Patents Go Global
On May 23, 1997, Atlanta inventor Clyde Bryant filed for a U.S. patent on his conception of an improved internal combustion engine. In written descriptions of 26 claims and in 34 pages of diagrams, he disclosed an auto engine that aims not only to burn fuel more cleanly but also to deliver greater torque and higher fuel efficiency than a standard engine. Bryant had already started a company, Entec Engine, to develop the technology, and the business’s entire future was wrapped up in this patent application. The process was straightforward enough, costing less than $10,000 in filing fees and legal expenses. But Bryant was immediately confronted with an unavoidable conundrum: because of the global nature of the auto industry, unless he protected his invention worldwide, someone else would be able to patent and market the engine in another country. “The only way to do it was to file everywhere at once,” he says.
Bryant’s Entec is one of an increasing number of companies stepping into the international patent jungle, where 120 national patent systems challenge inventors with opposing philosophies and examination rules, not to mention translation requirements and separate filing fees. Working with an Atlanta law firm that has an office in Munich, Germany, Bryant learned that failure to file in certain foreign countries soon would result in forfeiting his rights forever. “It’s a lot of work to redo the claims for many of these countries,” he says.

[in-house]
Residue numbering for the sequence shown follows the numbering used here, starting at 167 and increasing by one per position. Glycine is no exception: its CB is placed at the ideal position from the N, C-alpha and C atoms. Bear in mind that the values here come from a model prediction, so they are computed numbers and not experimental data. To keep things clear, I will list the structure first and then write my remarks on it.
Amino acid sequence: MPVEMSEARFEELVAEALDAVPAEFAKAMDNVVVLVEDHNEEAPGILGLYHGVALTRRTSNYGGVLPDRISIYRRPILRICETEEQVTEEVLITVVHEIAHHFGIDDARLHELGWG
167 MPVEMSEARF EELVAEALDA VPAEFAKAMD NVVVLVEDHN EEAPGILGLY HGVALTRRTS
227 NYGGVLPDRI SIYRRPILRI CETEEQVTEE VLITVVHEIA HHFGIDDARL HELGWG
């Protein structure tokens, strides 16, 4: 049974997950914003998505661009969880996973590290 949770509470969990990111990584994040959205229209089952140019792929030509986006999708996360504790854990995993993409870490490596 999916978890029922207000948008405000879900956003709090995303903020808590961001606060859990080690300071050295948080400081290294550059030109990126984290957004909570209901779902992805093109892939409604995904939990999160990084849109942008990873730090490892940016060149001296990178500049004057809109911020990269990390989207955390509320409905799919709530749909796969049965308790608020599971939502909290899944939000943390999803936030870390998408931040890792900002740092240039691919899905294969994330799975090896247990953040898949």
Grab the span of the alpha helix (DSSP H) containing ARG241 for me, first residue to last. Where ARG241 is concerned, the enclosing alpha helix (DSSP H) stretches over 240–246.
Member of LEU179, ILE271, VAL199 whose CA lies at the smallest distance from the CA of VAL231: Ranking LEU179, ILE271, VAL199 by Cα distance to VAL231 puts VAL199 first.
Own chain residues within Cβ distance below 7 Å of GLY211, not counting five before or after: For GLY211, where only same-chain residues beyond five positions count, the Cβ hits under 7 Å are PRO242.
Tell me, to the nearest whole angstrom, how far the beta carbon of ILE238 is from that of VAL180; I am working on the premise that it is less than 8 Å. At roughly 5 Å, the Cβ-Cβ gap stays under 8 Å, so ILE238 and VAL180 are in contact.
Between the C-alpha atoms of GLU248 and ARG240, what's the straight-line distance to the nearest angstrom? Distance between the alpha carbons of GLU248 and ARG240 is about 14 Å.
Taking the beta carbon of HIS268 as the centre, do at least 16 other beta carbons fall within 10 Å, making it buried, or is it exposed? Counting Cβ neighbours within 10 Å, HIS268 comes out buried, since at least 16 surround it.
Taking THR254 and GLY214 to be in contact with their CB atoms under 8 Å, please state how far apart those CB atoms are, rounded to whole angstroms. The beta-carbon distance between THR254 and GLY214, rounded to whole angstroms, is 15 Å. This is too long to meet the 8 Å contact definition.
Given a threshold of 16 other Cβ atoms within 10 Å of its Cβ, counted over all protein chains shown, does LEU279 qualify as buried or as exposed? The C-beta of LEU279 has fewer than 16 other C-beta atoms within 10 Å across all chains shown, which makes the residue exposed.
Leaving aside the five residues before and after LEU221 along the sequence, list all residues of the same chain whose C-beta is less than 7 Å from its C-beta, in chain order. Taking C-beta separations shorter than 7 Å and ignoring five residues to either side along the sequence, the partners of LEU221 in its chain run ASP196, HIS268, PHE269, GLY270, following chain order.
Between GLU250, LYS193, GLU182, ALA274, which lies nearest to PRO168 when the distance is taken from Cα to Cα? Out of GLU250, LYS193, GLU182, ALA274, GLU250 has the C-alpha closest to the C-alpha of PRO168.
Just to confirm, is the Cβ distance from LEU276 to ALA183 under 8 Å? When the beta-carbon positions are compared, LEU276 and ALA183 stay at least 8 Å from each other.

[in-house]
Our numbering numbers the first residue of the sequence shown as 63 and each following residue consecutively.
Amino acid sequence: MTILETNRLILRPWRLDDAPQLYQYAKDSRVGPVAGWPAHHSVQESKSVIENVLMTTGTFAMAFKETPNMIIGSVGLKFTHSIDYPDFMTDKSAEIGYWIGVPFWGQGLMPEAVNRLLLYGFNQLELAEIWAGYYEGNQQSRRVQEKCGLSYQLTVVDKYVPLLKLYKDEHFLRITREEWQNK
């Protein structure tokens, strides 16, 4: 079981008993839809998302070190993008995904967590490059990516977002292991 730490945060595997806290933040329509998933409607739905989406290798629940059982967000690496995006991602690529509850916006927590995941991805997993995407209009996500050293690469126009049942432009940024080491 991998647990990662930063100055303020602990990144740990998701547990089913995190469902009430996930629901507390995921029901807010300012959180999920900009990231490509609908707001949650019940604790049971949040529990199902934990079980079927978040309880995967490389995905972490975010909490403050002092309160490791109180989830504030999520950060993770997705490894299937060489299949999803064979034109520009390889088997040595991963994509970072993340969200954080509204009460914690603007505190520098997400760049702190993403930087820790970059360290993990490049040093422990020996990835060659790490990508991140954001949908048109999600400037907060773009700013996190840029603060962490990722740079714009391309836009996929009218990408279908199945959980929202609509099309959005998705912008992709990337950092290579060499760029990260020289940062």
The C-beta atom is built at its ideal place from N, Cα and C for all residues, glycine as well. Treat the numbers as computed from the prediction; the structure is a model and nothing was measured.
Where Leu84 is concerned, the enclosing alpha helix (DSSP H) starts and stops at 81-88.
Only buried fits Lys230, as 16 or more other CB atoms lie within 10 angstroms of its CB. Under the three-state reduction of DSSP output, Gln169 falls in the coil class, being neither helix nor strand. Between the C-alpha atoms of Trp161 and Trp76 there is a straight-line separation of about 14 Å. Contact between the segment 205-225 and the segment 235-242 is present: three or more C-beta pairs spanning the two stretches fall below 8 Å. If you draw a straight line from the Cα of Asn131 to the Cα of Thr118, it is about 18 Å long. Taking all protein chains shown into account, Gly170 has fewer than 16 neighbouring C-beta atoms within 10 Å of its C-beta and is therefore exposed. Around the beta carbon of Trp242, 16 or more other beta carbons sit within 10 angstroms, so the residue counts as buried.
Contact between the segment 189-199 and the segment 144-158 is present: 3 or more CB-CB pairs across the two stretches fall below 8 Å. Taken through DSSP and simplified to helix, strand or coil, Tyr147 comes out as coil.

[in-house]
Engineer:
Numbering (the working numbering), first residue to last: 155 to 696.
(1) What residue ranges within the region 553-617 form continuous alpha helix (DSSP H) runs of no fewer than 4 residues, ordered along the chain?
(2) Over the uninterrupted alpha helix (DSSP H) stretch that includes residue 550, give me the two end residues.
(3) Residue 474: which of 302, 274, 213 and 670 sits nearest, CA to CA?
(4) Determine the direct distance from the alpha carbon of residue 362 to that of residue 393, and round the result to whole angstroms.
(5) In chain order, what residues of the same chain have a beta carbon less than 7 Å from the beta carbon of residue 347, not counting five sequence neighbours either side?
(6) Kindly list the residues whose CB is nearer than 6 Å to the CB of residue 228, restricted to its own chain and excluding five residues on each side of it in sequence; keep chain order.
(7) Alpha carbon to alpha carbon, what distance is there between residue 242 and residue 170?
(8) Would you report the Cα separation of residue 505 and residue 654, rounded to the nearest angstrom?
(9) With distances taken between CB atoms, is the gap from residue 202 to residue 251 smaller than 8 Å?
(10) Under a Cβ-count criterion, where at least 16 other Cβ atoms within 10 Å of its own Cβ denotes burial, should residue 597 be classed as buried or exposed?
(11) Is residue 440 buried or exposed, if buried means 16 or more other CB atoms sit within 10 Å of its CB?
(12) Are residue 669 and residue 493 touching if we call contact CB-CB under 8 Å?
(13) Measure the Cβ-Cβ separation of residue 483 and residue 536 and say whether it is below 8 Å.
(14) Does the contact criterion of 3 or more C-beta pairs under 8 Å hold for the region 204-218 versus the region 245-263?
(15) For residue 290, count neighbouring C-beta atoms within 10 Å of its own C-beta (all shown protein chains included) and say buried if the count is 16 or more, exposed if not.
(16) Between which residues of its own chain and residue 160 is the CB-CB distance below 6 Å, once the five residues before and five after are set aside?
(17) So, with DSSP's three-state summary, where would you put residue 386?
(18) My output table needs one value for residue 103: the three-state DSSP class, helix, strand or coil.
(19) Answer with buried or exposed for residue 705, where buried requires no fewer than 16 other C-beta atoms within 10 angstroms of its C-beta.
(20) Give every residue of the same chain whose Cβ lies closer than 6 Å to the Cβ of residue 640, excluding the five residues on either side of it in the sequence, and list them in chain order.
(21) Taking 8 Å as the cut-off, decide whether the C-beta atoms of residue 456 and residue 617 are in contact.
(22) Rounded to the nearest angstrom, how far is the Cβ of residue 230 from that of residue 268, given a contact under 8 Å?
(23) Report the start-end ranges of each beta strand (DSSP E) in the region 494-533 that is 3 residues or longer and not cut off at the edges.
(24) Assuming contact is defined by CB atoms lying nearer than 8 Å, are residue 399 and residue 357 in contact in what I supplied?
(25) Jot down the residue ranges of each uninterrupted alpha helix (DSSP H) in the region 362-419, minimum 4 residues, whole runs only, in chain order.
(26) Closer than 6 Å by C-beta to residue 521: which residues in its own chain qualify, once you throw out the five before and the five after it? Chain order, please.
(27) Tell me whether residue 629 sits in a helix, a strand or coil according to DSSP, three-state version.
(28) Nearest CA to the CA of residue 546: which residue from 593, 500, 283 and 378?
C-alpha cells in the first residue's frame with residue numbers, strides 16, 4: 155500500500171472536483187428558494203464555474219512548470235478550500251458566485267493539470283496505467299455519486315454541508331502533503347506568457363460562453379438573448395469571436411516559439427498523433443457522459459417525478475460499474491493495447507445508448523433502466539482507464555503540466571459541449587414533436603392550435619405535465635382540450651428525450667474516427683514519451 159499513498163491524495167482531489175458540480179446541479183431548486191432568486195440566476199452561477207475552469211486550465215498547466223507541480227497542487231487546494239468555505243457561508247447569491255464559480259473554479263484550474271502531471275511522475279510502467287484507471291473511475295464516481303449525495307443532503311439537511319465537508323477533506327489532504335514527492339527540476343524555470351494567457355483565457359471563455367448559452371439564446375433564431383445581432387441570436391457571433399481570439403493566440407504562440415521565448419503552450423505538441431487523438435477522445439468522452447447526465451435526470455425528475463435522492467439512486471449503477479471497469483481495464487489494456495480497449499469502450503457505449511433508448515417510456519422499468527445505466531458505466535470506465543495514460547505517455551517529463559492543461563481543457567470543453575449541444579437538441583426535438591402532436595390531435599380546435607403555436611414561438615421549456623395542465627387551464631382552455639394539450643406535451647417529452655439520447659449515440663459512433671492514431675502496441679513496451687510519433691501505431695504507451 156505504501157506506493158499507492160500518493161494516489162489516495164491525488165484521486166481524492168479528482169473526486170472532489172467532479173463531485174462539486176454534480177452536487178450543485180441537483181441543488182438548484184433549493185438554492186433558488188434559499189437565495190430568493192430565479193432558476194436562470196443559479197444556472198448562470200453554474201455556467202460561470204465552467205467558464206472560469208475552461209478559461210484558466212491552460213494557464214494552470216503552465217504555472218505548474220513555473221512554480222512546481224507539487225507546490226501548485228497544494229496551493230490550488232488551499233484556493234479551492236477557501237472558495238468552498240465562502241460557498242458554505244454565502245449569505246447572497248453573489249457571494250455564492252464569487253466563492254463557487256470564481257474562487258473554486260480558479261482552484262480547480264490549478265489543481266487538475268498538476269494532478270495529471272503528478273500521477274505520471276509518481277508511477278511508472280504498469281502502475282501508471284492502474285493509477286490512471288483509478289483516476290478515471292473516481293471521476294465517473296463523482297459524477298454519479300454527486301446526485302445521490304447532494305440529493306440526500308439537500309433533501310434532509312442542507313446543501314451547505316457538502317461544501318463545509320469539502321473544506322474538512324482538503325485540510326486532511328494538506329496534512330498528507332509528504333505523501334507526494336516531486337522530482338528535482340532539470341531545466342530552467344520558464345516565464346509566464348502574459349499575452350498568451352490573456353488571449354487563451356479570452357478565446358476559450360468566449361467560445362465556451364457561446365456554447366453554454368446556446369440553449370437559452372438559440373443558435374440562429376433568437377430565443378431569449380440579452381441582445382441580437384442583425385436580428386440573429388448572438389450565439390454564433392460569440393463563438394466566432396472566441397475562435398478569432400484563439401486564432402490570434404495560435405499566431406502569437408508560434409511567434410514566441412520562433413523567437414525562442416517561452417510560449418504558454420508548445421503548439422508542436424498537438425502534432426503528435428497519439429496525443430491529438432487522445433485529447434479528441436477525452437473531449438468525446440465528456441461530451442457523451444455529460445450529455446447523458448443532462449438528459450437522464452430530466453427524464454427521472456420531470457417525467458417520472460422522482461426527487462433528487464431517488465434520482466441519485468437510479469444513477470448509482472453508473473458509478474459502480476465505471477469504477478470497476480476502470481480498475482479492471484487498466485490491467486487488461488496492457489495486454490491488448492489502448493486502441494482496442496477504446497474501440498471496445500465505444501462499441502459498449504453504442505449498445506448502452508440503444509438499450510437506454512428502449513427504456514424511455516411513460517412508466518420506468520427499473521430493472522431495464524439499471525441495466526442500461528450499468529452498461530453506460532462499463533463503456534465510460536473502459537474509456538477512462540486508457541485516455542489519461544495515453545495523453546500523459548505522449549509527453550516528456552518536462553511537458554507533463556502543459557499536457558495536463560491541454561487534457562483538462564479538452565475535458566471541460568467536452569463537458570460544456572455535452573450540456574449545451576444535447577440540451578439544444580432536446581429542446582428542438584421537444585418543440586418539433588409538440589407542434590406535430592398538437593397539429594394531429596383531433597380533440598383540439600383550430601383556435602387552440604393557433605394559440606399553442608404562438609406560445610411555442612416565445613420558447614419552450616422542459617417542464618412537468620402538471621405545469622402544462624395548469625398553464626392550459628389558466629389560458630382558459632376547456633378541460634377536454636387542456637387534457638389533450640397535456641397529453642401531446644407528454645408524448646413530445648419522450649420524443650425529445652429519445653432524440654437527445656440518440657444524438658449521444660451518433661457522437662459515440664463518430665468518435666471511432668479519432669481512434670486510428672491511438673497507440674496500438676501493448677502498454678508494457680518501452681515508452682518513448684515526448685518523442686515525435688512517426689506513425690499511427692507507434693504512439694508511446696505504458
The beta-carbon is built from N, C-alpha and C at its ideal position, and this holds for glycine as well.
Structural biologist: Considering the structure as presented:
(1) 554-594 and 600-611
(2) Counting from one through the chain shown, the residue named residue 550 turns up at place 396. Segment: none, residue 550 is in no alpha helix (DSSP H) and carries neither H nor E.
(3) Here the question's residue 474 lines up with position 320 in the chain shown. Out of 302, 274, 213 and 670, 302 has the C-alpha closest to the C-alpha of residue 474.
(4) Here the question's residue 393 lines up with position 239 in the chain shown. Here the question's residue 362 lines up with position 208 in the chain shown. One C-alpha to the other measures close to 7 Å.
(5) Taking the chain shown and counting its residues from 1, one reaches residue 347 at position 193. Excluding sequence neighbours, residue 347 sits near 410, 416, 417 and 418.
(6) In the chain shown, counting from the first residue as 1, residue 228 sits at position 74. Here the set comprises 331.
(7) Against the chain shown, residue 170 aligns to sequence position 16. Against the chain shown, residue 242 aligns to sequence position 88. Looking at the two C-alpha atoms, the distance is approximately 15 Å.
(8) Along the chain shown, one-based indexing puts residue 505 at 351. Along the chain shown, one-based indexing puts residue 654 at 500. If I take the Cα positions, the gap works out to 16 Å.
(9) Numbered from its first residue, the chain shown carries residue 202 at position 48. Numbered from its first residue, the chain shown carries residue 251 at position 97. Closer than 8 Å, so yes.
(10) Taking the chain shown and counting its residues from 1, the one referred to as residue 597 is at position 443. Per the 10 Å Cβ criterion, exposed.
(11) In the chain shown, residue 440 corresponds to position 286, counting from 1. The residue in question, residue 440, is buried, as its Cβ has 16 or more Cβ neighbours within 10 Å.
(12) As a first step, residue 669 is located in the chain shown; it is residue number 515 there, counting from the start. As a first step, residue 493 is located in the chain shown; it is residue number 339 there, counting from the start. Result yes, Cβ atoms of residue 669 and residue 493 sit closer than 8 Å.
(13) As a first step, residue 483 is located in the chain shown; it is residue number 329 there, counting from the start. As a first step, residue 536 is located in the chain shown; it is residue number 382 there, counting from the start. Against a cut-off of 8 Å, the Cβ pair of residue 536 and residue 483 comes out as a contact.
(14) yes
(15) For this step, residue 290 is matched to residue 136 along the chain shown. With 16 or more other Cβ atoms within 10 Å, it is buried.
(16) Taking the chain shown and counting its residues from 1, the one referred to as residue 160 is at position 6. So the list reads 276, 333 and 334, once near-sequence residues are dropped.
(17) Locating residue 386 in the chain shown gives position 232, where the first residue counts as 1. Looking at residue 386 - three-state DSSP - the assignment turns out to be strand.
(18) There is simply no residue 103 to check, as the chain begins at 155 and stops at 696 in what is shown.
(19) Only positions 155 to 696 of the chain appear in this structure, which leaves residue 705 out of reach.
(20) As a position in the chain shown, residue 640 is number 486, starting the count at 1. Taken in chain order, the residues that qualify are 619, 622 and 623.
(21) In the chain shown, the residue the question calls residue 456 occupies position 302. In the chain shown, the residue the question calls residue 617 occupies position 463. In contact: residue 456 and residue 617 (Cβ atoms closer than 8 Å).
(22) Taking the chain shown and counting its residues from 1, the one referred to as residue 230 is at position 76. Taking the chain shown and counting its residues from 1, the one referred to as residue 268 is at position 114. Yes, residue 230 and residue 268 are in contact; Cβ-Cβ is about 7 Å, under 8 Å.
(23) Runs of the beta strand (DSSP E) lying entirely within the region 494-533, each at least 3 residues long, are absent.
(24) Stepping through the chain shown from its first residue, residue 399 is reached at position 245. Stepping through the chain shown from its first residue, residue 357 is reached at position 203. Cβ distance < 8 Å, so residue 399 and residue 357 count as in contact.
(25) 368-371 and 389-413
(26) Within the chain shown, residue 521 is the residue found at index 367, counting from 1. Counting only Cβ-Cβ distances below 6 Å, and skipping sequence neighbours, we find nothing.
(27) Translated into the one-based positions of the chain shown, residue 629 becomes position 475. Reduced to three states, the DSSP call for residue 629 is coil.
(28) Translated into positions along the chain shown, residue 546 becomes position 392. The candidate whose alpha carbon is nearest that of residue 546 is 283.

But over the next few months, the law firm churned out applications for Russia, Ukraine, Georgia, Australia, and Singapore. Through the European Patent Office, Bryant filed an application that would protect his invention in 23 other countries. The cost of all the applications: $78,000 plus a whopping $200,000 in legal fees. When his U.S. patent, number 6,279,550, was issued in August 2001, Bryant rejoiced, but when his European application was granted in November 2002, he learned it would cost almost $7,000 more per country to take the final step of actually getting the patents issued. To pay the tabs, Bryant’s startup gave equity to the law firm.
The creation of a single global patent system could solve this conundrum for Bryant and other small inventors. Even multinational corporations that can afford to file everywhere are pushing for “deep harmonization,”
an international initiative aimed at forging a global patent. But in return for eliminating duplicate filing fees, most issuance costs, and translation requirements, such an effort will likely entail stark trade-offs for innovators worldwide.
Even as Technology Review’s annual Patent Scorecard (PDF download last page) tracks the number and strength of U.S. patents won by 150 companies in eight high-tech sectors, harmonization looms as a watchword. Harmonization means imposing a single set of global rules and depends on coming up with one answer to a controversial question: what is patentable? U.S. inventors in particular may be forced to abandon America’s 200-year-old first-to-invent system of settling disputes between rival inventors in favor of the first-to-file criterion that guides most other nations. “The goal [of harmonization] is brilliant, and there is tremendous pressure to achieve it,” says Joanne Hayes-Rines, publisher of Inventors’ Digest, the official publication of the United Inventors Association of the USA. “But it’s going to be very difficult to get there.”